For example, Mr. Mozilo said, some aspects of an anti-predatory-lending law passed in North Carolina last year harm the very people such laws are supposed to help.

The law limits the number of points a lender can charge the borrower, he said, and if the lender has a subsidiary that provides ancillary services like credit reports or appraisals, fees for these services are counted toward the limit.

The Mr. Mozillo quoted above is, of course, none other than Mr. Angelo Mozilo of Countrywide lending. That's the same Countrywide that collapsed earlier this year, under the weight of people defaulting on the subprime products that Countrywide had sold them, in many cases unethically.

Dunford's thorough reporting places a good deal of the blame for the crisis at the doorstep of the Bush Administration since:

In late 2003, the Office of the Comptroller of the Currency (OCC) announced that it intended to use powers granted to it by the National Banking Act of 1863 to preempt state oversight. They finalized this rule in January, 2004. The OCC undertook this action in the face of opposition from all 50 state Attorneys General. The OCC justified preempting the states by arguing that the preemption would reduce the burdens faced by banks - the same anti-regulation argument that we've seen time and time again over the last 8 years.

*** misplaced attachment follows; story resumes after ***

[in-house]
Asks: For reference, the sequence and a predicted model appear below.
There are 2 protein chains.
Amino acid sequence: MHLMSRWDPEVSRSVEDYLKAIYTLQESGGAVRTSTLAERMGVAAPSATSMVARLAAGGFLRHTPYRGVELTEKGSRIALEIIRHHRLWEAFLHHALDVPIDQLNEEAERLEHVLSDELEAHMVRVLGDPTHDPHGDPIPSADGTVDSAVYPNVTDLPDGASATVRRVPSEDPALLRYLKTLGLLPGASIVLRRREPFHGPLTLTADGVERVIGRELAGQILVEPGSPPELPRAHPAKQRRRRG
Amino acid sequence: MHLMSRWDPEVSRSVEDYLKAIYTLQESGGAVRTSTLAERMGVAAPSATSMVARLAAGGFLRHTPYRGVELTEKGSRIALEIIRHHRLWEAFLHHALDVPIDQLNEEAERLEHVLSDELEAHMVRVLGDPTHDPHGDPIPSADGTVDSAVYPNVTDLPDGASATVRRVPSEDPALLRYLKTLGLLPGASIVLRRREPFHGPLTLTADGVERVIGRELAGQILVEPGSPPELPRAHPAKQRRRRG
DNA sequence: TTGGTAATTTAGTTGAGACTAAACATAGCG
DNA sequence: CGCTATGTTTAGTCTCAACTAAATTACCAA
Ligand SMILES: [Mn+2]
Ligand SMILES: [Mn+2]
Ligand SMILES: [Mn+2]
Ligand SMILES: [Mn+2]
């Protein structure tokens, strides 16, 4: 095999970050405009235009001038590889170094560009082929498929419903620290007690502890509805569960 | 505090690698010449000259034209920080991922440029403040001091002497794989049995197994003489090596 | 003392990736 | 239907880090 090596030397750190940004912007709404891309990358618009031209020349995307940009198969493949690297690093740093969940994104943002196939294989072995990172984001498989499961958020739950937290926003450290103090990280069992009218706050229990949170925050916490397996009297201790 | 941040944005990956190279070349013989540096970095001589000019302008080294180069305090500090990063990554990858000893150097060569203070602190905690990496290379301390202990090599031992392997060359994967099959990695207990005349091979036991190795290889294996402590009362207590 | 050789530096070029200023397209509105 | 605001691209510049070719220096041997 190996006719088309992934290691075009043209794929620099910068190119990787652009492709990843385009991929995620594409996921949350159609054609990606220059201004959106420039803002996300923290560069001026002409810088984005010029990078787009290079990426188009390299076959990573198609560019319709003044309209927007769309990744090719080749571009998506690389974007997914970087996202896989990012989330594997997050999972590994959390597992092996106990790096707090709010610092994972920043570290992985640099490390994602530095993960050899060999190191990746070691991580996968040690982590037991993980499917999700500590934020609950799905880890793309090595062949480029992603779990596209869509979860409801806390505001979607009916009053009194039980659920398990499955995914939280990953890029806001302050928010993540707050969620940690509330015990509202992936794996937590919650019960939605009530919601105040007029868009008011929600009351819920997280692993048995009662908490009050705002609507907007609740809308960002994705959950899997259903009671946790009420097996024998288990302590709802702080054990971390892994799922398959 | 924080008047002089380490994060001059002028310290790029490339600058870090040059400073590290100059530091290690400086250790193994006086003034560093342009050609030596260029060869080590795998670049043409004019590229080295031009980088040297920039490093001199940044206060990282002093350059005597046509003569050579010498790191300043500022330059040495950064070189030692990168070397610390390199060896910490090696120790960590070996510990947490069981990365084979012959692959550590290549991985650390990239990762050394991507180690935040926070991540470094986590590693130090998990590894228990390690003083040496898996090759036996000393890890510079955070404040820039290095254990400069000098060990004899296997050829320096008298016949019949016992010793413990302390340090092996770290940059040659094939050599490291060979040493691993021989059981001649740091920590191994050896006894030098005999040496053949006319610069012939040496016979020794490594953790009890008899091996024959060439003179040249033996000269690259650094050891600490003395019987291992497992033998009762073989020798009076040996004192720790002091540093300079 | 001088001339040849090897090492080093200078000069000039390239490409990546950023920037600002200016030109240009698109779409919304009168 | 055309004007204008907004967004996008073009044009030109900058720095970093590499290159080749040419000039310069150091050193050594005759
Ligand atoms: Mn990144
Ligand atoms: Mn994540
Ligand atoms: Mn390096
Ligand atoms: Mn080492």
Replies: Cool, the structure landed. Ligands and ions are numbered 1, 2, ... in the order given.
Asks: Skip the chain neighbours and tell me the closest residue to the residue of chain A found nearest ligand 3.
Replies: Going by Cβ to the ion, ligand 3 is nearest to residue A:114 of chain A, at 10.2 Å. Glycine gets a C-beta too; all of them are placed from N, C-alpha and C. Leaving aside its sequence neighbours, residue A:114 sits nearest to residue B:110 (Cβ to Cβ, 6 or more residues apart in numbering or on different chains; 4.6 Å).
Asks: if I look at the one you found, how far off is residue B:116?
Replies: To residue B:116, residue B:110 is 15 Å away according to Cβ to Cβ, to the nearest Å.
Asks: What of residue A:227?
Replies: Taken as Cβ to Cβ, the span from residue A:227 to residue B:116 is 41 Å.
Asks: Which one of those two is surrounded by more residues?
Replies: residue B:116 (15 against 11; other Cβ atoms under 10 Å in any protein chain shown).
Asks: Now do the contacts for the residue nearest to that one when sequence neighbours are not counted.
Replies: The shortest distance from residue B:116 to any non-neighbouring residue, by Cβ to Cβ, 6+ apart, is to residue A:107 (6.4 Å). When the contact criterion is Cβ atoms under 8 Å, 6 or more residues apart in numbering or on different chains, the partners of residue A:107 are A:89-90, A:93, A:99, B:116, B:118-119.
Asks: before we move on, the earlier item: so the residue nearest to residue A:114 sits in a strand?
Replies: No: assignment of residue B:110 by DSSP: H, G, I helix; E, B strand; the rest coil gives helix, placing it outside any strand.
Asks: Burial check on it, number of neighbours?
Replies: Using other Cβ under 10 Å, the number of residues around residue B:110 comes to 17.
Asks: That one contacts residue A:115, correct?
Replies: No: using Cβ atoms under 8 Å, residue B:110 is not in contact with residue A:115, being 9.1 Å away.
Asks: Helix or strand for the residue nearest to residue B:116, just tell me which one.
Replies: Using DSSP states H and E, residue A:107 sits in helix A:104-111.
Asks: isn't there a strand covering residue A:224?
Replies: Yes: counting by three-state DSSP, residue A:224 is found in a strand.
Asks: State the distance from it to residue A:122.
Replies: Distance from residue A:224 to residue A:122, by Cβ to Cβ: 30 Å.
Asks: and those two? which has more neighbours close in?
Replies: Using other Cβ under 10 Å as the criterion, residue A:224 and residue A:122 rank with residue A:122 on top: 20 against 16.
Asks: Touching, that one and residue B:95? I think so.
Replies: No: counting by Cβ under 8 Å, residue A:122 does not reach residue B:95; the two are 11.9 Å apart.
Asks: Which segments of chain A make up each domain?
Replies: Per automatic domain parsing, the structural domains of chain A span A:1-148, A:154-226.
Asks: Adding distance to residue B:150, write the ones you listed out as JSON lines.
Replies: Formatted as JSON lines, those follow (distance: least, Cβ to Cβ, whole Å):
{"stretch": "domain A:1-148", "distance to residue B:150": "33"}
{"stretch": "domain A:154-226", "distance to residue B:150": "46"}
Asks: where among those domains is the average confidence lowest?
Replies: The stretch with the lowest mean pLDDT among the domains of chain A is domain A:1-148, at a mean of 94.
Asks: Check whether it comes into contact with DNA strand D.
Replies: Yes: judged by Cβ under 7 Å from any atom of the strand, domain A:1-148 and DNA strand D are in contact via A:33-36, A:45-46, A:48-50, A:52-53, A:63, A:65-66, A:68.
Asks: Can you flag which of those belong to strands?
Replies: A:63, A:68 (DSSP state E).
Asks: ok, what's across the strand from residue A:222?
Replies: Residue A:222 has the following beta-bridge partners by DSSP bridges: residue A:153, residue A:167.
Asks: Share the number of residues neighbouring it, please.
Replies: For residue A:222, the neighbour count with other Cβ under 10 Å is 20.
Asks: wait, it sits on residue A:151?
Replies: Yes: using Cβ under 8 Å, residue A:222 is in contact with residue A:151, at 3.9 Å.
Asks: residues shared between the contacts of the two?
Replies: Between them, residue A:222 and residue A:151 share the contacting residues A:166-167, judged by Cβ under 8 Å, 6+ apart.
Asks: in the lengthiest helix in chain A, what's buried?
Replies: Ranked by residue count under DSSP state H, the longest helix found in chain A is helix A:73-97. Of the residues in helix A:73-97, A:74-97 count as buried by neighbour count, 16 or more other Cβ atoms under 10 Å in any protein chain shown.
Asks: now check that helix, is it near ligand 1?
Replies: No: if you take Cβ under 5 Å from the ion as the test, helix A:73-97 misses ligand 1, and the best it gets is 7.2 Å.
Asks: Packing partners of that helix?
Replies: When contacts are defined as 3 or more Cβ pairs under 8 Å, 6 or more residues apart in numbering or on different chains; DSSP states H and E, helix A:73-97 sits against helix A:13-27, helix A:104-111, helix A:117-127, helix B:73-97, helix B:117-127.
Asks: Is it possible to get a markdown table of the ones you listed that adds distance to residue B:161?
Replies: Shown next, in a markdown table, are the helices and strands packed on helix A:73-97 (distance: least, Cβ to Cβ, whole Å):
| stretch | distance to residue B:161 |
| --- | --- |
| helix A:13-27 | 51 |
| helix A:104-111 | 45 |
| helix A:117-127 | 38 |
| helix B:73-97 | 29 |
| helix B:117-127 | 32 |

Dunford then concludes:

Banks started making bad loans - not just subprime, but predatory - as a result of demand caused by investment banks that purchased and bundled the loans. Groups, including ACORN, protested, in an effort to bring the practices to a halt. Partly in response to prompting from these groups, several states passed laws in an effort to crack down on predatory lending. Banks and lenders fought against these efforts every step of the way. When they failed to stop the legislation, the Federal Government stepped in to protect the banks from the states. The Federal Government replaced the state efforts with guidelines that are so toothless that they make a jellyfish look like a shark. The banks reduced their underwriting standards even more. Chaos predictably ensued. And the right is trying to blame ACORN for the chaos.